Greg Mihalik (greg23) - M Locale: Colorado Re: YMMV. Check. on 05/17/2011 19:02:50 MDT Maybe I missed it above, but are you a "typical male"? Are you generally comfortable at 25° in a 25° EN rated bag?I discovered, after many surprises, that my resting metabolic rate is about 20% lower than that of the "average male". I need a 15° bag for 25° temps. (Thank you Richard N. for the push to get a simple test.) Edited by greg23 on 05/17/2011 19:03:40 MDT.
 Lane DeCost (spamhere) - F Locale: Everglades How would I know ... on 05/17/2011 19:28:57 MDT hmmmm.I live in Florida so the lowest temp I typically see on a campout is maybe low 40's. But I'm going to the Smokies this summer and Vermont this fall. I have a general idea of how warm a bag I will need for both, but in reality how will I know I got it right until I get there?I read the thread that led to your test. Pretty cool. Now you know why the norms didn't apply to you. But I have to ask. If you wanted to make a down bag good for 15d so you would be comfortable, how much loft would you need? How would you know? Based upon what?Conventional wisdom? If you were still going by conventional wisdom you'd still be cold in a 25d bag. [smile]I'm just trying to look behind conventional wisdom and see how the science works so I can make the right adjustments for my own circumstances.So, how about it. Anyone want to offer up their opinion on how much down is needed for a given temp and how you got to that number? I don't have the answers. I'm looking for them.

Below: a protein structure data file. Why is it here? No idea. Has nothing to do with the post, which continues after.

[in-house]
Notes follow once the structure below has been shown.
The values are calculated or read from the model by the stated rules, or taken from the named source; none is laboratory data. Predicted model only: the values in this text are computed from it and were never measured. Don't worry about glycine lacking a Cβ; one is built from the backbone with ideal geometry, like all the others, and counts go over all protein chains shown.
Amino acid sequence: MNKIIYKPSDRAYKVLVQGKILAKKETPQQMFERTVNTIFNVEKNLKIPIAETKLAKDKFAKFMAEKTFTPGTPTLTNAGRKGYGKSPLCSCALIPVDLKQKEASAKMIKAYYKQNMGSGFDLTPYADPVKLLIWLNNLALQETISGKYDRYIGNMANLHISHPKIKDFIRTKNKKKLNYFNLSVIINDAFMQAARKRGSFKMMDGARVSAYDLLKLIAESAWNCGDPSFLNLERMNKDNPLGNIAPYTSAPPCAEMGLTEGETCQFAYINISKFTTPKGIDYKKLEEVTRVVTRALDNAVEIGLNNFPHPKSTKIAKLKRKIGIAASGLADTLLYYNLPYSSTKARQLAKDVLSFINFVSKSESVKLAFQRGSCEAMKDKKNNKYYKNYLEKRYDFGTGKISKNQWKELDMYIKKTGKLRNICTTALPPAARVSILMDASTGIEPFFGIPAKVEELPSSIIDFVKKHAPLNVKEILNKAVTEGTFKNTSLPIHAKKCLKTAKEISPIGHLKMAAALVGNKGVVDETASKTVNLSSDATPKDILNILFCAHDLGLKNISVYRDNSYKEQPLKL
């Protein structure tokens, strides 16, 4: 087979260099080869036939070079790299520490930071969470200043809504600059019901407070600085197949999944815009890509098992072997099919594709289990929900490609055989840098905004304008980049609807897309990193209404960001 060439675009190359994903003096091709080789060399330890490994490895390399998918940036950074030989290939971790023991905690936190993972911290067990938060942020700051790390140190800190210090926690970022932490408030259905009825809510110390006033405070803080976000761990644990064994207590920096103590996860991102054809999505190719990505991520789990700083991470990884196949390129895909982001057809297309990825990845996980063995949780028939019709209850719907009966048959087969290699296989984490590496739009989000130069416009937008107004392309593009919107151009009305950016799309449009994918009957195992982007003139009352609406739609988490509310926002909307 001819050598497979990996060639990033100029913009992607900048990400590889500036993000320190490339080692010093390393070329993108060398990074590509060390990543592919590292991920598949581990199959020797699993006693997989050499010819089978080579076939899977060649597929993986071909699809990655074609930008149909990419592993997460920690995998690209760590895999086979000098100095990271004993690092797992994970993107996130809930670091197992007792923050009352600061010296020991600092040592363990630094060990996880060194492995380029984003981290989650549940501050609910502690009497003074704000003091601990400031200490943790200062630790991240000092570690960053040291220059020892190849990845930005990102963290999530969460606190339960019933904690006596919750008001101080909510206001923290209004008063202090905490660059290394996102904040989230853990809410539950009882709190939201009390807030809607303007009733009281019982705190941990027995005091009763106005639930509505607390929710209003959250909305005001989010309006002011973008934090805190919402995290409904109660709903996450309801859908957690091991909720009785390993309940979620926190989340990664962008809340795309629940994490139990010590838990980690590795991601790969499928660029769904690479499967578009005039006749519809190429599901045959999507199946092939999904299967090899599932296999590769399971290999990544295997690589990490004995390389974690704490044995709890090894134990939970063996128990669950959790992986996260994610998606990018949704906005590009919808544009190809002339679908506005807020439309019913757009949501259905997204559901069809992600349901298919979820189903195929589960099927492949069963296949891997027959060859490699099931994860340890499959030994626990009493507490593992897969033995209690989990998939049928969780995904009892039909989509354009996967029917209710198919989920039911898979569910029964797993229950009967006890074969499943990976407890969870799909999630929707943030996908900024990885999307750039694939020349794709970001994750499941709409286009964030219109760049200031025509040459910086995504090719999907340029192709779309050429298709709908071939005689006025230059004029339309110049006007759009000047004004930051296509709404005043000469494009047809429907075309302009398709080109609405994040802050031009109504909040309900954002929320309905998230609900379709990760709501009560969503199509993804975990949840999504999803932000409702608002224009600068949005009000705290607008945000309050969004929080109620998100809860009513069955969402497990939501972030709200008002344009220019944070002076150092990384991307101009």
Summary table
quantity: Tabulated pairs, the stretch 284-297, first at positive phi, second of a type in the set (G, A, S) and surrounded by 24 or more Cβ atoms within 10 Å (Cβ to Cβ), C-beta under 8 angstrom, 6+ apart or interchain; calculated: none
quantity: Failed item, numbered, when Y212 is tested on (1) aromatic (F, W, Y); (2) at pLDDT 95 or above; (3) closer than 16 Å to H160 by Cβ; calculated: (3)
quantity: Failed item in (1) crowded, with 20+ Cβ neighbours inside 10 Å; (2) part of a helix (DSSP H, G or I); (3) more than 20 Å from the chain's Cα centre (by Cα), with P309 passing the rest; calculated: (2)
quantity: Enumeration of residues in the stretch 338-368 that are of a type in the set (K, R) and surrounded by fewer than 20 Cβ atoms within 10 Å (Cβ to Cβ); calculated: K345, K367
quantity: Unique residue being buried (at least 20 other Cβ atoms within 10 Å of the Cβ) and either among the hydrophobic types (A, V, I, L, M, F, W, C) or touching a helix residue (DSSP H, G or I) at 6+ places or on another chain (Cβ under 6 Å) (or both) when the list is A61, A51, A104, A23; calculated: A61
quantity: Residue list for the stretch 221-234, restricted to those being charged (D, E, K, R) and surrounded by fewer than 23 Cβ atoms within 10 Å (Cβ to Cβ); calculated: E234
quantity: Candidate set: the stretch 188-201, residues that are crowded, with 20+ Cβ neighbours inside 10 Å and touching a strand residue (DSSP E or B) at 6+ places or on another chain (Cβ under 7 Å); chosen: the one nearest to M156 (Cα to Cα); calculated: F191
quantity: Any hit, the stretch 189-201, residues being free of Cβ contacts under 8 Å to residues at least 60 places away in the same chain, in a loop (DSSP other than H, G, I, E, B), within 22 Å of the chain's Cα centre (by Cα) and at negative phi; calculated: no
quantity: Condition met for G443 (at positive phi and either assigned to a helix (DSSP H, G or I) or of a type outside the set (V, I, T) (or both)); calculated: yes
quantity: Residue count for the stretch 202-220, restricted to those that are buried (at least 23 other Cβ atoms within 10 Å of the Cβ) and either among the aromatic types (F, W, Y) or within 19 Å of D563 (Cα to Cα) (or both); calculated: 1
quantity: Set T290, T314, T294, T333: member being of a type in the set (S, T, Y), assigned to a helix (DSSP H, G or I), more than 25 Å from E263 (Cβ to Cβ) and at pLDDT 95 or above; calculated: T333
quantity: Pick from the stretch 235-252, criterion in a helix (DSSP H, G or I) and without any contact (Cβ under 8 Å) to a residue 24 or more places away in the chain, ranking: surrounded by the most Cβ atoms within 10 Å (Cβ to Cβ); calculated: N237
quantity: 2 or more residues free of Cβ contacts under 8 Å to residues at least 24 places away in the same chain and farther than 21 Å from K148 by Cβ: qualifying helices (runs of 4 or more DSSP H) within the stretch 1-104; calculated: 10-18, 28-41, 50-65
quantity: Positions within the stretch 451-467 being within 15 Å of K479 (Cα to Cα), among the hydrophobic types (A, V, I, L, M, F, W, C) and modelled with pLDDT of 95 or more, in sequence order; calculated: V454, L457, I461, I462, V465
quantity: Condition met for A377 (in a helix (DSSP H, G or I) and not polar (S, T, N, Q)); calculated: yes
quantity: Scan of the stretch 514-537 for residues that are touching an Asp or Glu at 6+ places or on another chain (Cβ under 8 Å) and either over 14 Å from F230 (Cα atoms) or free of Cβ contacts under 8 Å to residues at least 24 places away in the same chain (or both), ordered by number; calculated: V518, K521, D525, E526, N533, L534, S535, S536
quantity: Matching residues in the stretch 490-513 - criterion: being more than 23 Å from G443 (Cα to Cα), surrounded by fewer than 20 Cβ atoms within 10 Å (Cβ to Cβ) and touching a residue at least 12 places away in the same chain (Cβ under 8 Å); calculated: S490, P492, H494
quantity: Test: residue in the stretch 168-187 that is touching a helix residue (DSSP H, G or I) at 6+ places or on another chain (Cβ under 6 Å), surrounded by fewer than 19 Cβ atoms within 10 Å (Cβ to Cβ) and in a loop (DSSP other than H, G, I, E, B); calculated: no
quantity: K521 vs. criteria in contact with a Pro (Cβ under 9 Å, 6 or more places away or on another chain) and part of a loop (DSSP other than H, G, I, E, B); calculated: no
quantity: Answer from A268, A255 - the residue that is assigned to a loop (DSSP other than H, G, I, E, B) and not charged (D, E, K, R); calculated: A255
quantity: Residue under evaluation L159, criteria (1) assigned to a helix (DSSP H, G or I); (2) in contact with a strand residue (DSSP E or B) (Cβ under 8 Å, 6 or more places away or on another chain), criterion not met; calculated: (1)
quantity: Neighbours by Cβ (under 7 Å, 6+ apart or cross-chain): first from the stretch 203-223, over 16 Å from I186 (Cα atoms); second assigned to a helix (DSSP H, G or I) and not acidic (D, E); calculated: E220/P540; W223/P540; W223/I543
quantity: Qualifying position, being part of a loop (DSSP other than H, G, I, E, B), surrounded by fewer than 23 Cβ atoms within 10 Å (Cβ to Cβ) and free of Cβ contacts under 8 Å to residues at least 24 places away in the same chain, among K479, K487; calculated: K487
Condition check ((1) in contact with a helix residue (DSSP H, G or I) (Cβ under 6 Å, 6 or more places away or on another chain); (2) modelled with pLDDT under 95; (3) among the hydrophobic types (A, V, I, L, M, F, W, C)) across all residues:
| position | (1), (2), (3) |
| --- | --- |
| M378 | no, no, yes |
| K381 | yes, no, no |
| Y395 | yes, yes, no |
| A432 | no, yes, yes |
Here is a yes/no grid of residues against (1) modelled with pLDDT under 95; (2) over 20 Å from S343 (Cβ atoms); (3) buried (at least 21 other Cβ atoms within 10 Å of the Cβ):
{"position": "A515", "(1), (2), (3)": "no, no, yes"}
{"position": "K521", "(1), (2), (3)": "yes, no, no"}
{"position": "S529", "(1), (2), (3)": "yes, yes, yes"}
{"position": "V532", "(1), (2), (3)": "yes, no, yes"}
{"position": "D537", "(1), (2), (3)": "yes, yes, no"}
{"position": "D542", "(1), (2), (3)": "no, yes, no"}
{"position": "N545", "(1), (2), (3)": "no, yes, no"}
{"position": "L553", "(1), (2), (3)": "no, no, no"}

Dustin Short (upalachango) - MLife Re: Down vs. Apex? on 05/18/2011 13:32:45 MDT First off I need to do some friendly ribbing of you: You're an economist used to rounding to the millions. You are into making your own gear and thru-hiking which indicates you have a surplus of time and frugality. So I ask you (jokingly) How'd this economy treat ya?! ;)Mainly that's to get back at you for pulling me back into the DDDD (Can we go with D4?).As far as the math goes, you're right. It's nice to have a formula for comparing apples to apples, and then from there tweaking the results for your orange self.As for the down clo there exists a severe lack of research into clo of various fp of down. Most studies take down as down regardless of quality (or don't mention quality) which is basically an indicator of how poorly executed most scientific studies are, but I digress. The conclusion is that higher fp does have higher clo. This is due to mechanical differences that create higher fp also contribute to insulative properties (more trapped air, less shaft for heat conduction and etc). I was one of the people that halfway detracted from Richard on density, pointing out that he was absolutely correct (compressing down increases clo-inch as studies have show) but it decreases clo/weight so it's not a useful technique for garment/bag construction. It has secondary benefits such as keeping down from shifting and insuring no loft compression due to shell fabric weight which are definitely useful and why a 10% overstuff is not a bad idea (maybe even preferred?). Richard and I actually talked at length on this issue (and amicably!) and I think he has pretty much put to rest the issue of compressed down. Makes sense seeing as he has been right all along, just focused on one property over another (max clo instead of min weight).As for the MET to clo formula, I don't remember what it was, but Richard I believe derived it from industry standards or from the EN standard? I do think it was/is a generally agreed upon formula and not proprietary but I could be wrong. Either way, I would trust it as a guideline.That said, 2.53 is based of clo/oz-m^2 (strange mixed units that I question) and converting into the correct units I was getting 4.61clo/in for 850fp down. This is much higher than what seems probable and common knowledge/usage dictates. I can only think that the perfect down is just that much better than a real world environment where the down has to deal with humidity and dirt/oil which degrades it's clo performance severely from ideal (but still better than synthetics). Now if I take the data as mislabeled and assume it's clo/oz-YD^2 I get more reasonable clo values for 850fp down (2.86clo/inch or 3.86 depending on the linear regressions used). So the data is all over the place.So how much loft should you use? Well for PRACTICAL purposes depending on which clo/inch you use you can get calculations for anywhere from 1.6" to 2.5" which is disconcerting to say the least. I would actually say with 850fp you can probably go as low as 1.6" but this would be survival level, not comfort level unless you're a very warm sleeper. If you look at WM bags they use 2.5" single layer loft for 20F and most say they are conservatively rated. So with your calculations saying 1.9"-2.5" I would just suggest splitting the difference which gives you 2.2" and happens to fall in line with BPL's stance. Also 1.9" with a 10% over stuff would give you ~2.1" so 2.2" looks even more attractive. Depending on how you sleep this should be more than warm enough for 20F. It's also always nice to end up with a bag warmer than intended than cooler.Sorry if this post was rambling but it's the first thing I've worked on this morning. I hope you were able to glean some useful info from it.